Monday, December 02, 2019

Fiordland 1 - Magnificent Milford



The adventure begins


 Apologies for the break in transmission. My sister has just launched her second book and of course I just had to stop and read it. More about that shortly, but for now I just want to tell you about Milford Sound while it's still relatively fresh in my mind.

Much as I hate to admit it, Milford Sound proved to be better than I expected. Even if you don’t get to see anything else but Queenstown Airport, you should go and see this. Rudyard Kipling called it the 8th Wonder of the World when he called by during his 1891 visit to New Zealand.


It turns out that Milford Sound, and for that matter Doubtful Sound, are not sounds at all but fjords, though the terms are often used interchangeably and both refer to large bodies of water that penetrate far inland. You would probably have to dive beneath them to know for sure, something those who named them probably could not do, but the very steep evenly carved sides here do provide a clue. They have been produced by glaciers, making them fjords, not sounds.  Sounds on the other hand are drowned river valleys which the sea has filled as it has risen in post glacial times. Tasmania’s Derwent River is a typical example of the latter. Were you to look at the river bottom, you would find uneven ground where water has sought the path of least resistance, whereas the ice in the fiords  would have carved themselves a smooth ”U” or “V”  shape  as we’ve seen around Mt. Cook. The word Fjord comes from an Old Norse word meaning crossing and which also gave us the root for ferry and fare, so blame the Vikings and take your pick. New Zealand prefers to use the Fiord spelling.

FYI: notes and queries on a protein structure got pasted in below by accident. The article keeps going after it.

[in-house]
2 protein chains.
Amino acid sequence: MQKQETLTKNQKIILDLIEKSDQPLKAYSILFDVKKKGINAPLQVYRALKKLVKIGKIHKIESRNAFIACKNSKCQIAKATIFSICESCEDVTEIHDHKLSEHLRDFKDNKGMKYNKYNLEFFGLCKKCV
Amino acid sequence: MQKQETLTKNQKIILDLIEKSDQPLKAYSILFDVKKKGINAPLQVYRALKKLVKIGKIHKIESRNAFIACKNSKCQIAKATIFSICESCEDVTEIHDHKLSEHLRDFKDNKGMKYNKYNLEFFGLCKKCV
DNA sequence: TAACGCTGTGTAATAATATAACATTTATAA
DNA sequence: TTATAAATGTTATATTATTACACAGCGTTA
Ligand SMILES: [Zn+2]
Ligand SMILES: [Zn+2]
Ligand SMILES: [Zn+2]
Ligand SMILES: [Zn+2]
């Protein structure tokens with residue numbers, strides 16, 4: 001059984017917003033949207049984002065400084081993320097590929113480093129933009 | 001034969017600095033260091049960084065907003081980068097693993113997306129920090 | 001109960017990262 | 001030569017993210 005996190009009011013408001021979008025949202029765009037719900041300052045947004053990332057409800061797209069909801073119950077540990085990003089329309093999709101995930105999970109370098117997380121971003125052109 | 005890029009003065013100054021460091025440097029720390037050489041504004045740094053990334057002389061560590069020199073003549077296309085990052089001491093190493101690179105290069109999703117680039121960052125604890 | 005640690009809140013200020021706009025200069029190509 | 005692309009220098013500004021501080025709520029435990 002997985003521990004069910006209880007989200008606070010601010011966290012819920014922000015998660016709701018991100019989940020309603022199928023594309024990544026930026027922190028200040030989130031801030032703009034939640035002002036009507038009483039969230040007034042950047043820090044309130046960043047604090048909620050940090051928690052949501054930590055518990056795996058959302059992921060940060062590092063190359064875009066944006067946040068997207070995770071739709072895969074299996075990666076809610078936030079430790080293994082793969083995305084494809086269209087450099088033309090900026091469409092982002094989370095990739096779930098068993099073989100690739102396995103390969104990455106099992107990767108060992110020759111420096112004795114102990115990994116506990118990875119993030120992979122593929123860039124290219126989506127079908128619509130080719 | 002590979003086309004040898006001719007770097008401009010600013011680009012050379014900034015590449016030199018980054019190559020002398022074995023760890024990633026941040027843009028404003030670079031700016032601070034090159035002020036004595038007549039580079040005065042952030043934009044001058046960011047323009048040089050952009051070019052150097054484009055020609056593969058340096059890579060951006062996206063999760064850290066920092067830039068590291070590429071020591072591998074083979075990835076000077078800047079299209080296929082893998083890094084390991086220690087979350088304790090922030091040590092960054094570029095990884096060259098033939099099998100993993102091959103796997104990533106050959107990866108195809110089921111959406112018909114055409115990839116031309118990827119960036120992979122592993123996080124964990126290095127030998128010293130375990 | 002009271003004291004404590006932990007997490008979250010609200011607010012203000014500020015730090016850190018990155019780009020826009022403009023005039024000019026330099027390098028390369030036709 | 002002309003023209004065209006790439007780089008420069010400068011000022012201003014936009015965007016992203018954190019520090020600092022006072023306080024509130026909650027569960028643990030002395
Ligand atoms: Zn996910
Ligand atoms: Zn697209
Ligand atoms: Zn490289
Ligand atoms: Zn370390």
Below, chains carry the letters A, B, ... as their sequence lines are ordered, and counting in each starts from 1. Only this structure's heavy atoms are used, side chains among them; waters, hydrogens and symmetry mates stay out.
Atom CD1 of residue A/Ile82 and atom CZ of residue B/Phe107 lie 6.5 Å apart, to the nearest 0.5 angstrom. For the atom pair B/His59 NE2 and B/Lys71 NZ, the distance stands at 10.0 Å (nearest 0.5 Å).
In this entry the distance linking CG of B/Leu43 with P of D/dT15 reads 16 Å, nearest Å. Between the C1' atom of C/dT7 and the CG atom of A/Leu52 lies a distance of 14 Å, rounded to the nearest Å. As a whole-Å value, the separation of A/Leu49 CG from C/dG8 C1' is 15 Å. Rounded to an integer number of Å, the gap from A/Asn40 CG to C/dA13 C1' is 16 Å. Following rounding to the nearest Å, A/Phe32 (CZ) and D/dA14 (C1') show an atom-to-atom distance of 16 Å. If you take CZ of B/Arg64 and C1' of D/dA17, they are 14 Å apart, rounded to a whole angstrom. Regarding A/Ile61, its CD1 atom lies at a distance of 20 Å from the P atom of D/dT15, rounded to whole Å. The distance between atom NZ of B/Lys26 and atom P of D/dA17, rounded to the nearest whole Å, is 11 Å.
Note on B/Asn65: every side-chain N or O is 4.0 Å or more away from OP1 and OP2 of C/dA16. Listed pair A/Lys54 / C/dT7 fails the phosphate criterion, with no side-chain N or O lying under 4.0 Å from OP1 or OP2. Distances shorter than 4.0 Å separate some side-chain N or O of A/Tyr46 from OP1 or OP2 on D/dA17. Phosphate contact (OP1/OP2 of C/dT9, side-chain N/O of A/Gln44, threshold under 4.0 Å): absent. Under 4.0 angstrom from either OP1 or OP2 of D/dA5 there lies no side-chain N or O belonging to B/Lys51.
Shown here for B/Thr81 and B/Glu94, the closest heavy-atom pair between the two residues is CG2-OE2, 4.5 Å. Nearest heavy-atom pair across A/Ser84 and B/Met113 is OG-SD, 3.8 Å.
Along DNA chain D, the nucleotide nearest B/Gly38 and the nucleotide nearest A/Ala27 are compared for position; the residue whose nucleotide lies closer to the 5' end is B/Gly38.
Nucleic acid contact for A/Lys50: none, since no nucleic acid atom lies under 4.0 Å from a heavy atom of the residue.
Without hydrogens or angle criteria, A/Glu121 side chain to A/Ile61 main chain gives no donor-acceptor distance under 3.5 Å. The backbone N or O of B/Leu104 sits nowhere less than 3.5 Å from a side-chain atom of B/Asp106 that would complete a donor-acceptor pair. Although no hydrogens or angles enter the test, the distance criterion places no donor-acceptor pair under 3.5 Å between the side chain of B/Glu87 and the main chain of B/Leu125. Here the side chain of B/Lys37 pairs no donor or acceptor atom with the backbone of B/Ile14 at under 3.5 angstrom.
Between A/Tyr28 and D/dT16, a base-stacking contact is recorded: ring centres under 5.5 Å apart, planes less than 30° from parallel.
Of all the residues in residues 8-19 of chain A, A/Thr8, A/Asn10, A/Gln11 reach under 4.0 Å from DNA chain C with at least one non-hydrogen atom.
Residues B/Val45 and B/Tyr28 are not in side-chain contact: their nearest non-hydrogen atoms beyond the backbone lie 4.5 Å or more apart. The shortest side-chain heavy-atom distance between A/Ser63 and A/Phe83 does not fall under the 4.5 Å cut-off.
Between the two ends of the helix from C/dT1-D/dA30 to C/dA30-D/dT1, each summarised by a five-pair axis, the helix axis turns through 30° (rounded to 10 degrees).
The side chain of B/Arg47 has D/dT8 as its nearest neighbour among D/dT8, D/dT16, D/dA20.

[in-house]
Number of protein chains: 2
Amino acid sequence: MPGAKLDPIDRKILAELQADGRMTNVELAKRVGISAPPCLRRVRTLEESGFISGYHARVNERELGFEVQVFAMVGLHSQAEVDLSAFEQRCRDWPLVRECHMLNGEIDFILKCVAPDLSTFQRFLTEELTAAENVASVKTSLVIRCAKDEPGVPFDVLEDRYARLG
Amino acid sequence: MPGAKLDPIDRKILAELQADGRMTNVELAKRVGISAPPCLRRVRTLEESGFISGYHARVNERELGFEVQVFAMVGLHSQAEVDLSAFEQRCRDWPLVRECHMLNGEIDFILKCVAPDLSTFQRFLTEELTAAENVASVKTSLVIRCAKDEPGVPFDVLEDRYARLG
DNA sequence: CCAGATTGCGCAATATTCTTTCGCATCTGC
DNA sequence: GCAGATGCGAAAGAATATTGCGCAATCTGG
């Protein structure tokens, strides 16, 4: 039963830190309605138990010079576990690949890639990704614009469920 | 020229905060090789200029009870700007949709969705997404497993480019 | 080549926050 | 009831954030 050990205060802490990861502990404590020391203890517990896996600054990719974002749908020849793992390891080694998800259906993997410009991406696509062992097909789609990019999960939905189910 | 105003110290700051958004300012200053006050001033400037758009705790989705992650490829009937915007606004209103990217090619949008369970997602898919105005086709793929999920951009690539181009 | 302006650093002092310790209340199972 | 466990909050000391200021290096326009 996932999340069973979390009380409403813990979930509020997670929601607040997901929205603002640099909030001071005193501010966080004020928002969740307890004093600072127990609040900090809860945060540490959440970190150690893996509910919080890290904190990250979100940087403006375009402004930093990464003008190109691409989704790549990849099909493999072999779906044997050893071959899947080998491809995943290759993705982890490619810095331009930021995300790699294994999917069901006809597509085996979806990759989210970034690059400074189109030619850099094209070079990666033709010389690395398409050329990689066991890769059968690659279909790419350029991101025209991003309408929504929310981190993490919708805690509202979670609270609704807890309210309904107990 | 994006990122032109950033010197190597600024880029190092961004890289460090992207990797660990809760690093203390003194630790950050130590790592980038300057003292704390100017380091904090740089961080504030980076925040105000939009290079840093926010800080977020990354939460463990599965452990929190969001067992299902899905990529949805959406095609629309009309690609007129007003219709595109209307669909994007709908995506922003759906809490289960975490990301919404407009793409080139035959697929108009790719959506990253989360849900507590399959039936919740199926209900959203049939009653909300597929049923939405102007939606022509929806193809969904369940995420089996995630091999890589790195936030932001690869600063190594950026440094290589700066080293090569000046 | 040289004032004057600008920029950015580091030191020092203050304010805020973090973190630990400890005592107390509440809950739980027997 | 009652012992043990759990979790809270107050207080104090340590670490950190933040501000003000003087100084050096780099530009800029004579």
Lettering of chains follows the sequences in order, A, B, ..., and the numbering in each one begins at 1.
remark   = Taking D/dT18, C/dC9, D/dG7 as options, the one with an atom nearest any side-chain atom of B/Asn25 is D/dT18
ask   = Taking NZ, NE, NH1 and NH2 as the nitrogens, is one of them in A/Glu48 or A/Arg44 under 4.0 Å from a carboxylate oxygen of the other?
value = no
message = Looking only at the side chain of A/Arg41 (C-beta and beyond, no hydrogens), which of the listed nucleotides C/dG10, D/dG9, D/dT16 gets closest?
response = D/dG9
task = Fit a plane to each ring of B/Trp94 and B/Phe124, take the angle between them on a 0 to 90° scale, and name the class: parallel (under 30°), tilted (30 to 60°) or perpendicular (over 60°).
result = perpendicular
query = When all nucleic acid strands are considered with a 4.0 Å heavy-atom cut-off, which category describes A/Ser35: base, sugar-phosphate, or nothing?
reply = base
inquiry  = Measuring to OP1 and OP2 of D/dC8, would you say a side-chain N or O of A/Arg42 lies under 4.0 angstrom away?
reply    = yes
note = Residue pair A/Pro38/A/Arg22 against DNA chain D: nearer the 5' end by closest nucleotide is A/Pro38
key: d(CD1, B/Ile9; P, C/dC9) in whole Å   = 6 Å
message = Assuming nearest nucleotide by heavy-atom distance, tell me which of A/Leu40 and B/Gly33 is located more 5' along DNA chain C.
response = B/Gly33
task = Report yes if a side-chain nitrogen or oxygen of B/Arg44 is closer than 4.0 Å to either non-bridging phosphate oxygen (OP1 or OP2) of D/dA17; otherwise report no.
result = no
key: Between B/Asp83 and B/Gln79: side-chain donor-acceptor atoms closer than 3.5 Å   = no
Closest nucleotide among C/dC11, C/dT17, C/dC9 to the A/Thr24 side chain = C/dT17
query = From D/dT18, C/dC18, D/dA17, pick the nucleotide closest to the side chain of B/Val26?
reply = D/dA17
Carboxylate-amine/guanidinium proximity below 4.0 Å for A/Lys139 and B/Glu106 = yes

Our day starts off grey and drizzly, a not uncommon occurrence in Fiordland
 
Fiordland has fourteen fiords, though only two – Milford and Doubtful Sound, are accessible to the public, unless you fly or travel by boat. Milford is the shorter of the two at around 15 km in length and can be reached by road, whereas access to Doubtful Sound requires an additional cruise and a bus ride, making it both a longer and more expensive trip.